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I'm extremely disappointed. Someone else has set up a paypal account with my gmail address. I contacted Paypal customer service and they have told me there is nothing they can do about it. This is ridiculous.
I have a paypal account under my gmail address, and this other person has used the exact same account, omitting a period (which is still my account - gmail doesn't recognize periods, and does not allow two accounts to be set up with the same name). Because of the lack of the period, this has allowed paypal to create another account - because otherwise it would be stopped, because you can't have two paypal accounts on the one email address.
But regardless - paypal understand that someone has falsely used my email address, and they won't do anything about it. They are sending me emails, with no authorization to do so. I have not verified my email address.
Extremely disappointed, and expect someone to take some action. Please contact me by email Paypal. Under the Can-Spam law you are required to give me a method to stop receiving emails from you, and you have failed to do so.
I recently had the same problem. Someone used my gmail to open a EBay & Paypal account yet nothing done about it. Thanks to Yahoo breech in security this happened. This is completely ridiculous. PayPal needs to take care of these security problems before they get worse.
(To summarize the problem for other searchers: since Gmail sends "joe.user @ gmail.com" and "joeuser @ gmail.com" and "j.o.e.user @ gmail.com" to the same person, whoever registers with the first variant (the "earlier" user) will get all email correspondence for all other future users who accidentally register with a variant of the early user's Gmail address (the "later" user))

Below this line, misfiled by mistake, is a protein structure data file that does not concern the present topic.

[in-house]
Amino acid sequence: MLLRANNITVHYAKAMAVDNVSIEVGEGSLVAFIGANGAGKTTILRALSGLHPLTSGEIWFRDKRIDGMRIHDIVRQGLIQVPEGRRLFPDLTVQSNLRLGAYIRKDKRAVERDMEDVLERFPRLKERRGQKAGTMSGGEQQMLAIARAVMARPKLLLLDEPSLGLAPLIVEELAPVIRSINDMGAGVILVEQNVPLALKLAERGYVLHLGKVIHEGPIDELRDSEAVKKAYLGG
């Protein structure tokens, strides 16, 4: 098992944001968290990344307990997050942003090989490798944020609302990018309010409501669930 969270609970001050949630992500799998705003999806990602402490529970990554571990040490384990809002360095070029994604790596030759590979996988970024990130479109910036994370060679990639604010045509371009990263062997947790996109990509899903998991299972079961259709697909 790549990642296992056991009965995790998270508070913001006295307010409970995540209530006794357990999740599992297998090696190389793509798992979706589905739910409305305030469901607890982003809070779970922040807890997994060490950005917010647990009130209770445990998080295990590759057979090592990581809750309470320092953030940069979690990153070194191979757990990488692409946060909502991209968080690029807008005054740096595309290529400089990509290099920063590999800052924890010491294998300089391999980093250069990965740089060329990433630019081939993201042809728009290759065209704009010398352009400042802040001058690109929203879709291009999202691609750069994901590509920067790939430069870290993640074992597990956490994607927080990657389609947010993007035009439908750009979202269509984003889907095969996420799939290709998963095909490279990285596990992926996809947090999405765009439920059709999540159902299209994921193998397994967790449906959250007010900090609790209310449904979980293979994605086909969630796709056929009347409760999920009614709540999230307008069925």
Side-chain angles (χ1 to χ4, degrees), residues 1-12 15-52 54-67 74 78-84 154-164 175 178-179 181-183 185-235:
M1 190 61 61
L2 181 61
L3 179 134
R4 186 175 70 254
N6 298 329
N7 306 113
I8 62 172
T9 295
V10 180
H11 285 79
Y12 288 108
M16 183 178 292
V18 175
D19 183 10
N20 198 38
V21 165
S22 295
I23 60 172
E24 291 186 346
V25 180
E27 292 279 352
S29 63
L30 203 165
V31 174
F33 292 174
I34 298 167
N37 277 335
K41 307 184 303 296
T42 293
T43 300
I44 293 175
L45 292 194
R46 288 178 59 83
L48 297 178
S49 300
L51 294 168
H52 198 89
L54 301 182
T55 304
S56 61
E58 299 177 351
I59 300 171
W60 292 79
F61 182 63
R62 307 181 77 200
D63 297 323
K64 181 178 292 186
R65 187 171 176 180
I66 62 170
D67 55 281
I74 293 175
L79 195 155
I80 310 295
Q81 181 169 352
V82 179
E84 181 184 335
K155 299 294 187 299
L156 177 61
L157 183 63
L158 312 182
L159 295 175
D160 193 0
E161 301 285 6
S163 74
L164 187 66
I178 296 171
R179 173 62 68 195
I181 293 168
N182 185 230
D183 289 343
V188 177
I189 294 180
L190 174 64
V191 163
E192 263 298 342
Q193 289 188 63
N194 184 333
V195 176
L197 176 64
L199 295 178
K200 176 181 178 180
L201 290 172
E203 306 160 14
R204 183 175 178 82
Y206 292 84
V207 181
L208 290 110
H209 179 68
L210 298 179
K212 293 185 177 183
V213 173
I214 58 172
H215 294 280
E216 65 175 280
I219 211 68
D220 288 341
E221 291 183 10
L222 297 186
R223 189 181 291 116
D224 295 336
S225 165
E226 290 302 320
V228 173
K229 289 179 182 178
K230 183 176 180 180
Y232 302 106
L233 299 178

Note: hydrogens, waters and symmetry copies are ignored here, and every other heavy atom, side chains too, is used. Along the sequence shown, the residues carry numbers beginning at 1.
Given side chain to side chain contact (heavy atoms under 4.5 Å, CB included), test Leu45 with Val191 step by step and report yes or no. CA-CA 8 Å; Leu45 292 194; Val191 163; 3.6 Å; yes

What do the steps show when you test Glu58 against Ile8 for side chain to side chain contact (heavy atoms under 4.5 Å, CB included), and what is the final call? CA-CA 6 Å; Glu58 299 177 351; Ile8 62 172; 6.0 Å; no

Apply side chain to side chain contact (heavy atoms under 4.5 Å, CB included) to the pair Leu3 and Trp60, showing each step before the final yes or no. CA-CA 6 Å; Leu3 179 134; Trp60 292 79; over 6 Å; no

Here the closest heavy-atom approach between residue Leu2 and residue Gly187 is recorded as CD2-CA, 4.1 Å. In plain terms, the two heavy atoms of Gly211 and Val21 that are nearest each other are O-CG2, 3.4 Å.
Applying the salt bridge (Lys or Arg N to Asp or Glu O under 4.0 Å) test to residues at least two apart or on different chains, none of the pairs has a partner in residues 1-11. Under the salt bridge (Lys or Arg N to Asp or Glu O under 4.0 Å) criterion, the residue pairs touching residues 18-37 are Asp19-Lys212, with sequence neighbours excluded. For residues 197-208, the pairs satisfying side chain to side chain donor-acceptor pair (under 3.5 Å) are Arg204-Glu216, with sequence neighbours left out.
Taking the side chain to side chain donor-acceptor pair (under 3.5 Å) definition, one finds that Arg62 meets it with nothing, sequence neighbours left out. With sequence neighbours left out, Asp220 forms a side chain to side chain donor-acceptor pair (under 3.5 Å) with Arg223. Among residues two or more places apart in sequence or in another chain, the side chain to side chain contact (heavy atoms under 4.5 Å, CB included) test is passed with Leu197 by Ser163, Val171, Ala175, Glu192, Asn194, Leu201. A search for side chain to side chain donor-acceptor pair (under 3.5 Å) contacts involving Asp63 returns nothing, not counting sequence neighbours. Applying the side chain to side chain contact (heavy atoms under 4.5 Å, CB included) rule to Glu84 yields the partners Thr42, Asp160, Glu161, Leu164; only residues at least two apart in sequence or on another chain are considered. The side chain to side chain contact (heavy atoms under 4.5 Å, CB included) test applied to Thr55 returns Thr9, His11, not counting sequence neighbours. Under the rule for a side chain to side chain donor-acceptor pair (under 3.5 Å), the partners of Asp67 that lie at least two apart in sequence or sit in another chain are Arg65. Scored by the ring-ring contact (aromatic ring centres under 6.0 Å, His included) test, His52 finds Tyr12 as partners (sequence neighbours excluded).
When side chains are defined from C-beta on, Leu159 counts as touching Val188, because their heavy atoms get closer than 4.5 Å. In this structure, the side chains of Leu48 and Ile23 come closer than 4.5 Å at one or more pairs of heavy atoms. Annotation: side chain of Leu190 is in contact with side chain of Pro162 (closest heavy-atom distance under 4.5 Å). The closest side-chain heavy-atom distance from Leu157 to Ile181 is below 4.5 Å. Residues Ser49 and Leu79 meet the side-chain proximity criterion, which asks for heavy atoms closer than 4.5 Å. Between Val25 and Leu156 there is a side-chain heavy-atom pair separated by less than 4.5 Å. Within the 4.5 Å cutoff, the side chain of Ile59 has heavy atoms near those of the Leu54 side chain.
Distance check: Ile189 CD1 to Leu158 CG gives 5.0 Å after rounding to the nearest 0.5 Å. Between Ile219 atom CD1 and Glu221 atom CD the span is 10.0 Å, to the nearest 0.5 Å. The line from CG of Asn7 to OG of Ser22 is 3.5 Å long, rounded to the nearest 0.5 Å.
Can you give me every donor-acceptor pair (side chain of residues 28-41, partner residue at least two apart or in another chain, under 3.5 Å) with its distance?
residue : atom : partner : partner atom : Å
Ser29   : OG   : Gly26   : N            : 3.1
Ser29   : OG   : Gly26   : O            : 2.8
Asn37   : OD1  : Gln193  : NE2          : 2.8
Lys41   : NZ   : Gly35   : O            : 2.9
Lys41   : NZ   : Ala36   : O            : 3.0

Unfortunately, unless PayPal intervenes with a solution (by not allowing registration of any variation of period/non-period Gmail addresses once one variant is claimed and verified), the only way to manage this yourself is proactive - claiming and assigning the other variations (at least the common ones) to your PayPal account in advance. But most users won't find out about this problem until they have it.
Because additional information is needed to reset the password for the other account, and the prompts for that information obscure the alternate contact information for the other user (which is good), there is no way to reach out to the other user to let them know that their email address isn't what they think it is - unless that other email address is Googlable enough to find out enough information to try to contact the other user via other means.
PayPal, this is a subtle yet significant problem. The earlier user will continue to receive communications that they cannot stop. The later user's configuration is broken, and won't be able to use that email address to verify or manage their PayPal account - and some of that later user's information, potentially personally identifiable information (PII) is regularly leaking to the earlier user.
Thanks for taking the time to write this feedback. I'm passing this along to the appropriate team within PayPal.
Ignoring period characters (and +) in emails is not technically part of the email standards so the concern would be if a company needs to start maintaining multiple separate rules for different email domains based on whether that email provider wants to ignore certain characters in their email addresses.